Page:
Yanukovich on sick leave as Ukraine crisis deepens

Opposition refuse amnesty offer which insists demonstrators leave occupied buildings


Ukraine’s embattled president Viktor Yanukovich is taking sick leave as the country’s political crisis continues with no sign of a solution.

A statement on the presidential website today said Mr Yanukovich has an acute respiratory illness and high fever. There was no indication of how long he might be on leave or whether he would be able to do any work.

He is under pressure after two months of major protests seeking his resignation, early elections and other demands.

In a series of moves aiming at resolving the crisis, the parliament this week voted for the repeal of harsh anti-protest laws. Mr Yanukovich must formally sign that repeal.

He also has accepted the resignation of his prime minister.

The crisis deepened last night after a stormy vote in parliament and a decision by Russia to suspend a bailout to Kiev due to uncertainty over its future path.

After a late-night pep talk from Mr Yanukovich, his ruling Regions Party voted to offer an amnesty to detained protesters only if they first leave administrative buildings that they have occupied across the country.

Opposition leaders denounced the law, having insisted that no conditions be attached to the amnesty.

The government has resigned and sweeping anti-protest legislation has been revoked as rallies that began in Kiev and pro-opposition western Ukraine spread to areas traditionally loyal to Mr Yanukovich.

The opposition accuses police of killing six people during sometimes violent protests, and the police claim activists have murdered two of its officers.

Protests began in late November, when Mr Yanukovich abruptly rejected a political and trade pact with the European Union and chose instead to repair relations with Russia and accept cheaper gas and a $15 billion (€11 billion) emergency loan from Moscow.

That deal - which helped save Ukraine’s economy from immediate collapse - was widely seen as a Kremlin reward for shunning the West.

Russia’s financial lifeline to Kiev now appears to be fraying, however.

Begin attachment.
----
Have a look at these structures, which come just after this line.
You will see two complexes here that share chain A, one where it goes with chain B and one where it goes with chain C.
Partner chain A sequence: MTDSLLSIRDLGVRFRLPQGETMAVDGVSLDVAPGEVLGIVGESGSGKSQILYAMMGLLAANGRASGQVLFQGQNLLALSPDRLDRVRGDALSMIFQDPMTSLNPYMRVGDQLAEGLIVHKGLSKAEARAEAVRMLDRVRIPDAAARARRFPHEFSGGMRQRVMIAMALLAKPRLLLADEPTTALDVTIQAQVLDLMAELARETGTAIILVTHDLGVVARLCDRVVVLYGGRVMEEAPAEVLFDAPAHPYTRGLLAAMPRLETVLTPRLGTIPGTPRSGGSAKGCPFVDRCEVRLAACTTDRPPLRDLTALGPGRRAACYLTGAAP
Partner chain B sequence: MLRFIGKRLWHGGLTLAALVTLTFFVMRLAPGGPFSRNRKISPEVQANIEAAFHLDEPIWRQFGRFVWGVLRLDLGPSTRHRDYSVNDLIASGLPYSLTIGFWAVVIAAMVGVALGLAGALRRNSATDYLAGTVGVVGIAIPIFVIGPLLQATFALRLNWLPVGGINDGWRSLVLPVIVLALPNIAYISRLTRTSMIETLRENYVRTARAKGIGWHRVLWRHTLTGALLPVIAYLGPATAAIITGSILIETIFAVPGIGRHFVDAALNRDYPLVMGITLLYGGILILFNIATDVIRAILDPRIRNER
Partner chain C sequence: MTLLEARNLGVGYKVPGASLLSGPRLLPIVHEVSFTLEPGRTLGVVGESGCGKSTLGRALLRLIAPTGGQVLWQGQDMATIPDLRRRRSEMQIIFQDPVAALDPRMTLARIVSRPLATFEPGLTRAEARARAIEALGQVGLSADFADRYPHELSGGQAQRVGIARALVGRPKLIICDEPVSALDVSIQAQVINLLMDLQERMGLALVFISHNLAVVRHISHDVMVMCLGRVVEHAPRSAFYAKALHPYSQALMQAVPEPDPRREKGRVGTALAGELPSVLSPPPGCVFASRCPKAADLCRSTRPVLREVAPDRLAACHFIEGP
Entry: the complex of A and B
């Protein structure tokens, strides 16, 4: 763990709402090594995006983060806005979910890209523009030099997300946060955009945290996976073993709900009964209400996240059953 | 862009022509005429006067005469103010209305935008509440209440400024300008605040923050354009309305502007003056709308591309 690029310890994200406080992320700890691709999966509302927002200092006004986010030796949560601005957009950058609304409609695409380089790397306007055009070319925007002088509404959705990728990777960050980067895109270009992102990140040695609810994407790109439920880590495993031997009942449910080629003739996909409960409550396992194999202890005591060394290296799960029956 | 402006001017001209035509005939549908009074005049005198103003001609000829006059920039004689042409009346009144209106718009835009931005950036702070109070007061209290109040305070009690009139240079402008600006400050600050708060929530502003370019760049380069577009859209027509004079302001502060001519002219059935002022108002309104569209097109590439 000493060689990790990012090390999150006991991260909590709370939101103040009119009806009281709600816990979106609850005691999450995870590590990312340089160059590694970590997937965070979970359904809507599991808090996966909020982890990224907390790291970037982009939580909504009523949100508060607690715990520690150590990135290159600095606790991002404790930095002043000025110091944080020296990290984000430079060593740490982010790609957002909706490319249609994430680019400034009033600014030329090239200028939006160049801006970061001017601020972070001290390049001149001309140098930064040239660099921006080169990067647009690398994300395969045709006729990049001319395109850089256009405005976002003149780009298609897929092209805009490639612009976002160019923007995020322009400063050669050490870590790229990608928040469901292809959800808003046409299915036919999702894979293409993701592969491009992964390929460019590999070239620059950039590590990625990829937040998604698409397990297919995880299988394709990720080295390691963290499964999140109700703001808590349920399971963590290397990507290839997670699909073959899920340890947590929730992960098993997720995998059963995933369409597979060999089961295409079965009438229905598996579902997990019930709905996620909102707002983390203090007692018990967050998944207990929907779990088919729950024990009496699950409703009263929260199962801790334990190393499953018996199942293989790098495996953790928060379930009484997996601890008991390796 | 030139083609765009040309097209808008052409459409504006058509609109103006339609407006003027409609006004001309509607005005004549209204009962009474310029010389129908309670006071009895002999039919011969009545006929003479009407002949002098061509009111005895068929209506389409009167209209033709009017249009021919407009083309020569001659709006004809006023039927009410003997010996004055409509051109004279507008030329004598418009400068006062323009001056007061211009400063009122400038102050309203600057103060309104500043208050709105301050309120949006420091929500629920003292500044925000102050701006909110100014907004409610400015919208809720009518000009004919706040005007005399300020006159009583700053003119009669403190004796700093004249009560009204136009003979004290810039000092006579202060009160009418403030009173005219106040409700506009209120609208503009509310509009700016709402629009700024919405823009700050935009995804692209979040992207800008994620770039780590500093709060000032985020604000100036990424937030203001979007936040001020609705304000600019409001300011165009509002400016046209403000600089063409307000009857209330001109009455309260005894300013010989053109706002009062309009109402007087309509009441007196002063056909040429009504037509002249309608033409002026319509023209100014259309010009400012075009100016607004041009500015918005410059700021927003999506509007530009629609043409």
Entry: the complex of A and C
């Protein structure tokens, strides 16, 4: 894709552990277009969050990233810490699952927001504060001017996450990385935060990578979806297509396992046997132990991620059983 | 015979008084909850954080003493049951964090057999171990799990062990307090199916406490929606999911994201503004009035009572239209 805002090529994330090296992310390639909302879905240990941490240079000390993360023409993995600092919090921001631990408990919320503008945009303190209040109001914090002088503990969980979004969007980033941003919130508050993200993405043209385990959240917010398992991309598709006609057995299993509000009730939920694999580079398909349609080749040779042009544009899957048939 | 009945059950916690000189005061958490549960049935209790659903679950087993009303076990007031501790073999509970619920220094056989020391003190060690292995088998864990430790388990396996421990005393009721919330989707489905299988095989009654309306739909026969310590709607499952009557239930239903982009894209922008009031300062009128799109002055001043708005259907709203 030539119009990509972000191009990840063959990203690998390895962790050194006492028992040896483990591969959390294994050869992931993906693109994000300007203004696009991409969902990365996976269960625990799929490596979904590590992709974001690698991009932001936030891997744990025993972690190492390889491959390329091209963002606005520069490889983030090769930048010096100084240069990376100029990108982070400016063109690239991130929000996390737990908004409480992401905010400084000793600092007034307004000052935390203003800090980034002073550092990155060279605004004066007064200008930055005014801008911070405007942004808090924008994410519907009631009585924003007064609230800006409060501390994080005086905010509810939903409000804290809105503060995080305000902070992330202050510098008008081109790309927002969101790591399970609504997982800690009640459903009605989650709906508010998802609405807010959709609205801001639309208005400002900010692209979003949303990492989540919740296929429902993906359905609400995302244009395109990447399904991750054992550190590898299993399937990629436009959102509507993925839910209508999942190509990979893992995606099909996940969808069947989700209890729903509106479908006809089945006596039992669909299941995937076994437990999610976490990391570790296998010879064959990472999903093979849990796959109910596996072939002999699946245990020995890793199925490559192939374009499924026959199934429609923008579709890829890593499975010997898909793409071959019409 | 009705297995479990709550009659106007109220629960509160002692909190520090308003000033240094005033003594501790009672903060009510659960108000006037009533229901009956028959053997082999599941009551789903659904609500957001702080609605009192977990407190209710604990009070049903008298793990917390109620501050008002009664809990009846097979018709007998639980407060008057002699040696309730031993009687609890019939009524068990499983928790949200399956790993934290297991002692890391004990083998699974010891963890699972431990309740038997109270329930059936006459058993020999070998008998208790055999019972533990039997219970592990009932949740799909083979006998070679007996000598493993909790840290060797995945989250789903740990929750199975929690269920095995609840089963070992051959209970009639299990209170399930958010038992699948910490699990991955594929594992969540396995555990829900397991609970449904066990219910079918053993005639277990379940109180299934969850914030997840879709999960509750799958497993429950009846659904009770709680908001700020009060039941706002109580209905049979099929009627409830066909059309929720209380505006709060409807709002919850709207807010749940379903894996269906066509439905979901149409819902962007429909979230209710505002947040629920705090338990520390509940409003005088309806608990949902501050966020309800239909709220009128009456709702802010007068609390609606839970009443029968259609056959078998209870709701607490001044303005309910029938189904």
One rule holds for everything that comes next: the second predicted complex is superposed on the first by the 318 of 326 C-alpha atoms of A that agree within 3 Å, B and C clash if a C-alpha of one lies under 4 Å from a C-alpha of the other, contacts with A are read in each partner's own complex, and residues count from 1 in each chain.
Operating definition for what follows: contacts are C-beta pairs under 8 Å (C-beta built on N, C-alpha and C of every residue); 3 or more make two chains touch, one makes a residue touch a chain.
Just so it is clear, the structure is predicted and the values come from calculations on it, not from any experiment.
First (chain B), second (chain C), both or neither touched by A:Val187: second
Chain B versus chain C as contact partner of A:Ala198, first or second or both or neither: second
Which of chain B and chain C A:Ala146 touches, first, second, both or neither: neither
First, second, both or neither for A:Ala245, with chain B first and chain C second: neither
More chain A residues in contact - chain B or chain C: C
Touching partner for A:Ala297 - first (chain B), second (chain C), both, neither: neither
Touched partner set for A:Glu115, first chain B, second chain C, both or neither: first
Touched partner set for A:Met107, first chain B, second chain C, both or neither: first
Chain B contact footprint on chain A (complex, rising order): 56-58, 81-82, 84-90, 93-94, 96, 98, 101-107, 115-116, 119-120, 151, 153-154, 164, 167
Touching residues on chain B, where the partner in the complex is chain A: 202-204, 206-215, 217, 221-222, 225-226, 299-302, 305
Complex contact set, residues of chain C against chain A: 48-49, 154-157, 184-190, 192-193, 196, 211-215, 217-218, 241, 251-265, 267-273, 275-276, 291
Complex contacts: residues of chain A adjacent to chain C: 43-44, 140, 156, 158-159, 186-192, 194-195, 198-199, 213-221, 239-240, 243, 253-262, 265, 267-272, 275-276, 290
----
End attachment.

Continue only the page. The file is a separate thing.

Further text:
Just hours after president Vladimir Putin said the deal would stand regardless of who ran Ukraine, his prime minister Dmitry Medvedev suggested waiting until “we understand what sort of government there will be, who will be working in it and what rules they will stick to.”

“Even under the lower (gas) price they are telling us that they can’t pay. This really changes the situation,” Mr Medvedev said.

Mr Putin replied: “That’s sensible. Let’s wait for the new Ukrainian government to be formed.”

According to trade organisations, Russia has also reimposed the kind of tough border checks on Ukrainian imports that it used last summer to put pressure on Kiev.

Moscow denies using unfair measures and accuses the EU and US of meddling in Ukraine’s affairs and encouraging protests. The EU’s foreign policy chief, Catherine Ashton, held talks with Mr Yanukovich yesterday.

Analysts say Mr Putin’s options regarding Ukraine are now somewhat restricted, however, by his desire to avoid negative international coverage during Russia’s Winter Olympics, a pet Kremlin project which starts next week.

Local administration buildings in at least 10 of Ukraine’s 25 regions are now controlled by anti-government demonstrators, and “people’s councils” are effectively running several cities. Mr Yanukovich still appears to enjoy support in more pro-Russian southern and eastern Ukraine.

Former Ukrainian president Leonid Kravchuk told parliament yesterday that “what is happening is revolution.”

Vadim Kolesnichenko, a Regions Party deputy, said making Ukraine a federation might ease tension between its different provinces and drag it back from “the brink of civil war, the brink of a split in the country.”

So-called self-defence groups in the main protest camp on Kiev’s Independence Square yesterday formed a “national guard”, which the interior ministry immediate declared illegal. The justice ministry, meanwhile, denounced several western provinces for banning the Regions Party and the Communists, and pro-government Crimea for outlawing the far-right Svoboda party.

Protesters see Mr Yanukovich as the head of a corrupt Russian-backed clan from eastern Ukraine, while many of his supporters believe demonstrations are led by ultra-nationalist extremists from western regions.

Svoboda activists evicted the Spilna Sprava group from the agriculture ministry in Kiev yesterday, saying their occupation of the building was hampering crisis talks. The clash highlighted tension within the protest movement between established and emerging opposition groups.

Additional reporting: PA

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